Bears are active in Grand Teton
Black and grizzly bears are roaming throughout the park--near roads, trails and in backcountry areas. Hikers and backcountry users are advised to travel in groups of three or more, make noise and carry bear spray. Visitors must stay 100 yards from bears. More »
Moose-Wilson Road Closure
The Moose-Wilson Road between Death Canyon Junction north to the intersection with the Murie Center Road is temporarily closed to motor vehicles, bicycles, skating, skateboards and similar devices. For current road conditions call 307-739-3682. More »
Multi-use Pathway Closures
Intermittent closures of the park Multi-use Pathway System will occur through mid-October during asphalt sealing and safety improvement work. Pathway sections will reopen as work is completed. Follow the link for a map and more information. More »
Exploring Bear Country
Black bears and grizzly bears thrive in Grand Teton National Park and the John D. Rockefeller Jr. Memorial Parkway. You may encounter a bear anywhere at anytime. Some of the most popular trails pass through excellent bear habitat. Bears will usually move out of the way if they hear you approaching.
Your safety is important to us. Please take a look at the following bear safety information before hiking or camping in the park.
Do not surprise bears! Make noise when you are hiking or away from your vehicle. Bears will usually move out of the way if they hear you approaching. Calling out (such as 'Hey bear!') and clapping your hands at regular intervals are the best ways to make your presence known. Bear bells are not sufficient. Some trail conditions make it difficult for bears to hear, see or smell approaching hikers. Be particularly careful near streams, when it is windy, in dense vegetation, or in any circumstance that limits line of sight (such as a blind corner or rise in the trail). Be aware of your surroundings. The use of portable audio devices is strongly discouraged.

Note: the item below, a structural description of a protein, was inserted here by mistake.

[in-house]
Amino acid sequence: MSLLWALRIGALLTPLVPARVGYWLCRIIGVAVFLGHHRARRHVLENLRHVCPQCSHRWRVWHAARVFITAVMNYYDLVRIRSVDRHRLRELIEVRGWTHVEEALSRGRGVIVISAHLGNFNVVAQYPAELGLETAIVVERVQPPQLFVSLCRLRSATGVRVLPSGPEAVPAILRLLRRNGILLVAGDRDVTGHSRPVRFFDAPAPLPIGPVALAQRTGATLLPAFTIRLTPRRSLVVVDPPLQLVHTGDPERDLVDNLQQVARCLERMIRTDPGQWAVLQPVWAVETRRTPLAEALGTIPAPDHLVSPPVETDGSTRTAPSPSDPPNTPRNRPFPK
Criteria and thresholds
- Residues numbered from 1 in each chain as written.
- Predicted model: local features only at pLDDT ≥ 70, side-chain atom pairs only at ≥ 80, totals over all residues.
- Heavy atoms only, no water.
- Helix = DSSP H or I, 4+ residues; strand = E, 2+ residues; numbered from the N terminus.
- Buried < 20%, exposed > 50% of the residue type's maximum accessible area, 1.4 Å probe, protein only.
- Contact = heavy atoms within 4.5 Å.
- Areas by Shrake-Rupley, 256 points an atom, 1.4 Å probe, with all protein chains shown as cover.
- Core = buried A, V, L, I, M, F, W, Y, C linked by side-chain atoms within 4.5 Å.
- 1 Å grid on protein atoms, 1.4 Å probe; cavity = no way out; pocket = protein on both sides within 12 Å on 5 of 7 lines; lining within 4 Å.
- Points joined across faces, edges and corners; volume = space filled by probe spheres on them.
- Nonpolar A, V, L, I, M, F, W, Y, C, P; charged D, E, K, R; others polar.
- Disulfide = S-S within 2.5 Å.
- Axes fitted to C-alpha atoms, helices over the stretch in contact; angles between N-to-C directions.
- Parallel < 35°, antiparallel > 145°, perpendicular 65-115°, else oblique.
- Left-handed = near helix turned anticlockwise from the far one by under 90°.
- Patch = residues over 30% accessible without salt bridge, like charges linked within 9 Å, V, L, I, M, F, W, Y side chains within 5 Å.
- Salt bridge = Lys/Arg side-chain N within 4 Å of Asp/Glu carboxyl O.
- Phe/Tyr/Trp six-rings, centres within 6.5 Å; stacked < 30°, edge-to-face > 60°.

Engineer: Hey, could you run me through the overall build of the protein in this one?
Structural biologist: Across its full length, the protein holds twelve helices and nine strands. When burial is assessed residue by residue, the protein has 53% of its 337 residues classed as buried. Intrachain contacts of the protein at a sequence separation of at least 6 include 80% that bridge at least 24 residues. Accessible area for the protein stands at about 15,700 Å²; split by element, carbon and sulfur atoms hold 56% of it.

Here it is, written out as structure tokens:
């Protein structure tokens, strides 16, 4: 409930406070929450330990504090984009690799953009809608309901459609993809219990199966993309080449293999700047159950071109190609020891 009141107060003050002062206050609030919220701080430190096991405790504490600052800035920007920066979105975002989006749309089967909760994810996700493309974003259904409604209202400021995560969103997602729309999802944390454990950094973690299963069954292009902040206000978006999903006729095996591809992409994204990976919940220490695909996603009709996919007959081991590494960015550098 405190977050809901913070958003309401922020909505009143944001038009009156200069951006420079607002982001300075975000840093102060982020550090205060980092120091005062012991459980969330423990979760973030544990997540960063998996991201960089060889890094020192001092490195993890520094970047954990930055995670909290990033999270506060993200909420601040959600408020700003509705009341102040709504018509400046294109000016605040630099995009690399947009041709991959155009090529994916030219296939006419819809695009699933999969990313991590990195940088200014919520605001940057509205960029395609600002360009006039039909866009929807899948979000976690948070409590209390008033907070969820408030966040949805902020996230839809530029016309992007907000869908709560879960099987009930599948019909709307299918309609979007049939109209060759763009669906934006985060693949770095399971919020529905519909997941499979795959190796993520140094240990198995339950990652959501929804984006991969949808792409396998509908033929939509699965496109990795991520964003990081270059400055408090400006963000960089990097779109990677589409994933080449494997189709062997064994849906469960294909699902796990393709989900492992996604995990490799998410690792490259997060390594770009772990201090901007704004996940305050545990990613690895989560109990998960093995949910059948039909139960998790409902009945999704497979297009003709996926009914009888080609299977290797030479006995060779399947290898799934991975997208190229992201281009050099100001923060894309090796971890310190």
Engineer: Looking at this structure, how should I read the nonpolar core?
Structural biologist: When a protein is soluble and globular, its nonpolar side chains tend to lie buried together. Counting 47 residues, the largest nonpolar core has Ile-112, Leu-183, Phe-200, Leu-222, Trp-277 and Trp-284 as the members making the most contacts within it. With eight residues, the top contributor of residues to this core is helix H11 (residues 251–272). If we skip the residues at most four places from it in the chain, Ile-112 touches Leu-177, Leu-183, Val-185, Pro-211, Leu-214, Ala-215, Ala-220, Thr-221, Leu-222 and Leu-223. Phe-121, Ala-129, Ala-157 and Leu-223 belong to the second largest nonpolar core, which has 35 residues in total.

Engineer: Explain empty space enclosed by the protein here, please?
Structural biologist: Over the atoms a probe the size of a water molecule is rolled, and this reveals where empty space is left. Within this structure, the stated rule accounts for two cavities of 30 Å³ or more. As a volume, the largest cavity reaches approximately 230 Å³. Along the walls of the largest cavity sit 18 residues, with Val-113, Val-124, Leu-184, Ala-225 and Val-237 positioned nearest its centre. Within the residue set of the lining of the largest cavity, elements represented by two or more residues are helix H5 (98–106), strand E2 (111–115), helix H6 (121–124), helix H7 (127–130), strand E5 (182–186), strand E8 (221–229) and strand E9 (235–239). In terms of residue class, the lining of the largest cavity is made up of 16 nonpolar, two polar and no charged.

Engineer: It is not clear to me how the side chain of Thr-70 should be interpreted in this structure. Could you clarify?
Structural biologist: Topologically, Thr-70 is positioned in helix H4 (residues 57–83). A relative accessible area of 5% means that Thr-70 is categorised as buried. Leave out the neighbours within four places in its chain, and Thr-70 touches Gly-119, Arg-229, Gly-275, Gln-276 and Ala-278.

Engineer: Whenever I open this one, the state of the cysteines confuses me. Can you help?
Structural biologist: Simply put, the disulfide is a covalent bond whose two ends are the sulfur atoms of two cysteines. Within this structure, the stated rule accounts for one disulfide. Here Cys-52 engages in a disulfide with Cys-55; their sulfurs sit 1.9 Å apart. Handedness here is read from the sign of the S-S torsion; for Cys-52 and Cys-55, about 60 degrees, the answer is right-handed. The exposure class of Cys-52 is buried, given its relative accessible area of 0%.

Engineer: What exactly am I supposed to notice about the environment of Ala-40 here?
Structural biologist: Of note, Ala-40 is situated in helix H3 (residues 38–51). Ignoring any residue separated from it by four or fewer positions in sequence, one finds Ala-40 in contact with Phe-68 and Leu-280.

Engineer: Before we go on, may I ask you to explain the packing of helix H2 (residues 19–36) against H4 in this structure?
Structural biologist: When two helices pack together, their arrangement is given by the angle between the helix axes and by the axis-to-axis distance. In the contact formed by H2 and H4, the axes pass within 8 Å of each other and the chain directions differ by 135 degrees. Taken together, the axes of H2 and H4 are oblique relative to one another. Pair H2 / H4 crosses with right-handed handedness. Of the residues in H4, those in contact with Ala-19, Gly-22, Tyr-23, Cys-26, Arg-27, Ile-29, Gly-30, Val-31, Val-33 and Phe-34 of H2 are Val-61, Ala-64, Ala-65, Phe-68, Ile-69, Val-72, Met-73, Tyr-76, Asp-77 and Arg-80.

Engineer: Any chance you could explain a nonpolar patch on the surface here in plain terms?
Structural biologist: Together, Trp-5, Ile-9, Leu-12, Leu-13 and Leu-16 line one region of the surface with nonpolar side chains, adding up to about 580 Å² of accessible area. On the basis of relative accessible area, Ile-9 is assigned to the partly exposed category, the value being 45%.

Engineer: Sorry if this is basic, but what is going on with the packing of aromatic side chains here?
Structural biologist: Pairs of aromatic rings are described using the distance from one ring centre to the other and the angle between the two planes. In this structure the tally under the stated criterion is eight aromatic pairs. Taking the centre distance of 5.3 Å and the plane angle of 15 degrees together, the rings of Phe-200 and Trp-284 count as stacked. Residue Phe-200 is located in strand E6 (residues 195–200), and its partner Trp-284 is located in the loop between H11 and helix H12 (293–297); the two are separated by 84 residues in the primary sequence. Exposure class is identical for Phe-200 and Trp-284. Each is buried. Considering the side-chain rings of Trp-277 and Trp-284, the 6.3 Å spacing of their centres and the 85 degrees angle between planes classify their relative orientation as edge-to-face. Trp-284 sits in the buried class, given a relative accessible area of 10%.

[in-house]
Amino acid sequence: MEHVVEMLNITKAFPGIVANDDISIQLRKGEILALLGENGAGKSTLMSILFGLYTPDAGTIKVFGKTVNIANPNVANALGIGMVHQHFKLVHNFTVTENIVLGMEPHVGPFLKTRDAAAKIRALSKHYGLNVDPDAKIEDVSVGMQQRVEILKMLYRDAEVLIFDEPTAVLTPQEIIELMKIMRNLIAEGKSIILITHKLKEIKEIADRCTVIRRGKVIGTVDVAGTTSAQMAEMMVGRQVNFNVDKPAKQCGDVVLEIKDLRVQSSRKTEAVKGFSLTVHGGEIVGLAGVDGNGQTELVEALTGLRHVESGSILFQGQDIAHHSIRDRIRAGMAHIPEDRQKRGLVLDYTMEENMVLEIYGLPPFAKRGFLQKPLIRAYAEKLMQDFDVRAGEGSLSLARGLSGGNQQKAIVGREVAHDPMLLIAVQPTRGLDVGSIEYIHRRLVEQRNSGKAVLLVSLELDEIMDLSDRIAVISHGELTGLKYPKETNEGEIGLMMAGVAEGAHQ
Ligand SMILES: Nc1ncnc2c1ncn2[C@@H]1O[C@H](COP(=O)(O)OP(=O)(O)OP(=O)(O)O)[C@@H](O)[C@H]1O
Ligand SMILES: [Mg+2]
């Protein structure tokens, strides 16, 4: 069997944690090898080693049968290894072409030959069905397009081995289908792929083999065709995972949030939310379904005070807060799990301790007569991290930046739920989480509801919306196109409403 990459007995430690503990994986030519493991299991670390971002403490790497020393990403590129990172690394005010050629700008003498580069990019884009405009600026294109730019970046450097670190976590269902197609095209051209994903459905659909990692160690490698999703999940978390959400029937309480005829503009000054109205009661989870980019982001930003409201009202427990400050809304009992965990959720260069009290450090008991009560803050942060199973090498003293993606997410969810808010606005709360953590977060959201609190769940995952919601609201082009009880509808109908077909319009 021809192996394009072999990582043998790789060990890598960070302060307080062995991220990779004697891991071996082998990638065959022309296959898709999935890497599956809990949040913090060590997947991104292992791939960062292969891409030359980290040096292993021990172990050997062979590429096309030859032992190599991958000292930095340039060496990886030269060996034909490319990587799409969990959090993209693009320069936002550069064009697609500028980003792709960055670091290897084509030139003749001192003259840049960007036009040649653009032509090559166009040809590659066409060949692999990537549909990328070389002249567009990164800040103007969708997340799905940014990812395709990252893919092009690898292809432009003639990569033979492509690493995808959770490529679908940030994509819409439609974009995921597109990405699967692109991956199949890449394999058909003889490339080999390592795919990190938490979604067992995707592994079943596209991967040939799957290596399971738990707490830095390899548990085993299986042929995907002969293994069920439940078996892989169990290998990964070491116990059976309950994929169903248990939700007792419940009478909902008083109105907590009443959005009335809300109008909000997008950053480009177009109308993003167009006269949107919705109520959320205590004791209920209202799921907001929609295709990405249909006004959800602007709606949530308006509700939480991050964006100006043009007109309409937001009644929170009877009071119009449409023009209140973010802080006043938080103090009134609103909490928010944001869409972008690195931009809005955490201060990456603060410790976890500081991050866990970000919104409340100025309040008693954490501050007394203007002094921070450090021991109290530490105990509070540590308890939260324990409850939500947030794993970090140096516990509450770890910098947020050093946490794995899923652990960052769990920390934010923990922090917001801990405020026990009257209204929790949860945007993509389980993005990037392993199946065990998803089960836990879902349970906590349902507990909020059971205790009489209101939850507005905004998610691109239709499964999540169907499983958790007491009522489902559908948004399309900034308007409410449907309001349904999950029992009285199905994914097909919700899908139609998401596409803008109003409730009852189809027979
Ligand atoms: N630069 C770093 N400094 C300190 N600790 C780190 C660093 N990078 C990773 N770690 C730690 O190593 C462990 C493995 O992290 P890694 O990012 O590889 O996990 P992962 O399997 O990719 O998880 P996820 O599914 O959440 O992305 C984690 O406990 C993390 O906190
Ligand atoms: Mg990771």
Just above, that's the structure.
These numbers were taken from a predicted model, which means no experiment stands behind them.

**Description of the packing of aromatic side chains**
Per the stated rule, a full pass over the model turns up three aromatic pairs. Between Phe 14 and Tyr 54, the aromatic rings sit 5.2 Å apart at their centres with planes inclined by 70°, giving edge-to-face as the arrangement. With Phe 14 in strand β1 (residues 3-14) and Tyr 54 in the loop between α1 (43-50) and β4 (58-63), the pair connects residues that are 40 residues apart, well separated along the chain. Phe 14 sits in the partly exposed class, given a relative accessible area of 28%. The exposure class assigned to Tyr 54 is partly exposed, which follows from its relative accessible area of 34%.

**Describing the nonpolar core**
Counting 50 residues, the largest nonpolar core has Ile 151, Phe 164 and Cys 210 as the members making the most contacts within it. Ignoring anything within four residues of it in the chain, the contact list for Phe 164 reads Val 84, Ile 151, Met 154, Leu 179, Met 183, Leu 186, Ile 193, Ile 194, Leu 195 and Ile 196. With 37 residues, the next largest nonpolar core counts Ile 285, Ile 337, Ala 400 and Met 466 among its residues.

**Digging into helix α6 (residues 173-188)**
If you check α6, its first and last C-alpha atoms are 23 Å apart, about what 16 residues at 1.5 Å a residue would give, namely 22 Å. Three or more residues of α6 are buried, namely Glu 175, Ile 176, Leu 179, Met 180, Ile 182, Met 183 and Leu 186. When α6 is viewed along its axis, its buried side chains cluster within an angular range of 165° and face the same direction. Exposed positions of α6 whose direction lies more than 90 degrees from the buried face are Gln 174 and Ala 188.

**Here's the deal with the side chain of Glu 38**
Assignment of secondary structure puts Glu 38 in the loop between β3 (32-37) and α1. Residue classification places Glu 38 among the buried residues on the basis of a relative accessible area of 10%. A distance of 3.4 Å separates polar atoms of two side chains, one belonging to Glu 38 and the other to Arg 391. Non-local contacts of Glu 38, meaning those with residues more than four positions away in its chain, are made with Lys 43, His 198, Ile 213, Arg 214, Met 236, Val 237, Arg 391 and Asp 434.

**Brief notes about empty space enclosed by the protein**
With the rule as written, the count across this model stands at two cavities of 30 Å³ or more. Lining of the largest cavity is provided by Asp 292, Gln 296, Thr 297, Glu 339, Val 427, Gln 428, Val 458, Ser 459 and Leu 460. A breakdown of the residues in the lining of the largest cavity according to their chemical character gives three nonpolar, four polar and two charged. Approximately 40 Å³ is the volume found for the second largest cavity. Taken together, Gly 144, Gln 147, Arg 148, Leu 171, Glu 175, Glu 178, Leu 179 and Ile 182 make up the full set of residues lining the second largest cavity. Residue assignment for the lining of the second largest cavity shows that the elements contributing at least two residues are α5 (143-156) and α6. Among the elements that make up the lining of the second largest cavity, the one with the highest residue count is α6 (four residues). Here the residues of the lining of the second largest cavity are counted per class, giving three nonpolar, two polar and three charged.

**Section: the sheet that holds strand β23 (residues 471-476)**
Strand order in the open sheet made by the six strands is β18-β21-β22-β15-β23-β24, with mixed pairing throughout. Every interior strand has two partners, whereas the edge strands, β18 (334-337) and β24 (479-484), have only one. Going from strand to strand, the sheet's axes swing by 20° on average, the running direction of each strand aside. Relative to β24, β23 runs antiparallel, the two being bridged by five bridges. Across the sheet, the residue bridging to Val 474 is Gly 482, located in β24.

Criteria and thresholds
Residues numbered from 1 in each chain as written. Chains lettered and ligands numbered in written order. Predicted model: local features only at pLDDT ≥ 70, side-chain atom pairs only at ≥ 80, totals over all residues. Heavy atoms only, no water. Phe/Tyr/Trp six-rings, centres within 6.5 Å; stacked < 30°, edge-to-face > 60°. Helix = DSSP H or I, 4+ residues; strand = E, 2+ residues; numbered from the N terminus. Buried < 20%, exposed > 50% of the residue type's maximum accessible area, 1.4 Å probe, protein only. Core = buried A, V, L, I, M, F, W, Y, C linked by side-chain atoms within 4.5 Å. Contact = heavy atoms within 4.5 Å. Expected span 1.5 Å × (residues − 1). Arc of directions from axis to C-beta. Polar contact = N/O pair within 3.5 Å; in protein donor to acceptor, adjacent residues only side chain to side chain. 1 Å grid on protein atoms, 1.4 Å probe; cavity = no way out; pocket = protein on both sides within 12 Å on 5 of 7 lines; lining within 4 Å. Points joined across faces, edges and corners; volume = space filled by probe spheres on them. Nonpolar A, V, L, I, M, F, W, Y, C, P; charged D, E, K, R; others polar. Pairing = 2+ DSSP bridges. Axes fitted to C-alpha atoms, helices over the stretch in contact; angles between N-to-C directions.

Hiking in Groups
If possible, hike in groups of three or more people. Typically, larger groups of people make more noise and appear more formidable to bears. Keep your group together and make sure your children are close to you at all times. Avoid hiking when bears are more active; early in the morning, late in the day or when it is dark. Trail running is strongly discouraged; you may startle a bear.
Bear spray is extremely effective to deter bear attacks. Bear spray is a non-toxic and non-lethal means of warding off aggressive bears. It temporarily affects the bear's respiratory system and mucus membranes.
Keep bear spray immediately available on your belt or your pack's waist strap, not in your pack. Use only bear spray; personal self-defense pepper spray is not effective. Bear spray is not a repellent. Bear spray should never serve as a substitute for standard safety precautions in bear country. Follow the manufacturer's instructions. Know how to use it, and be aware of limitations, including the expiration date.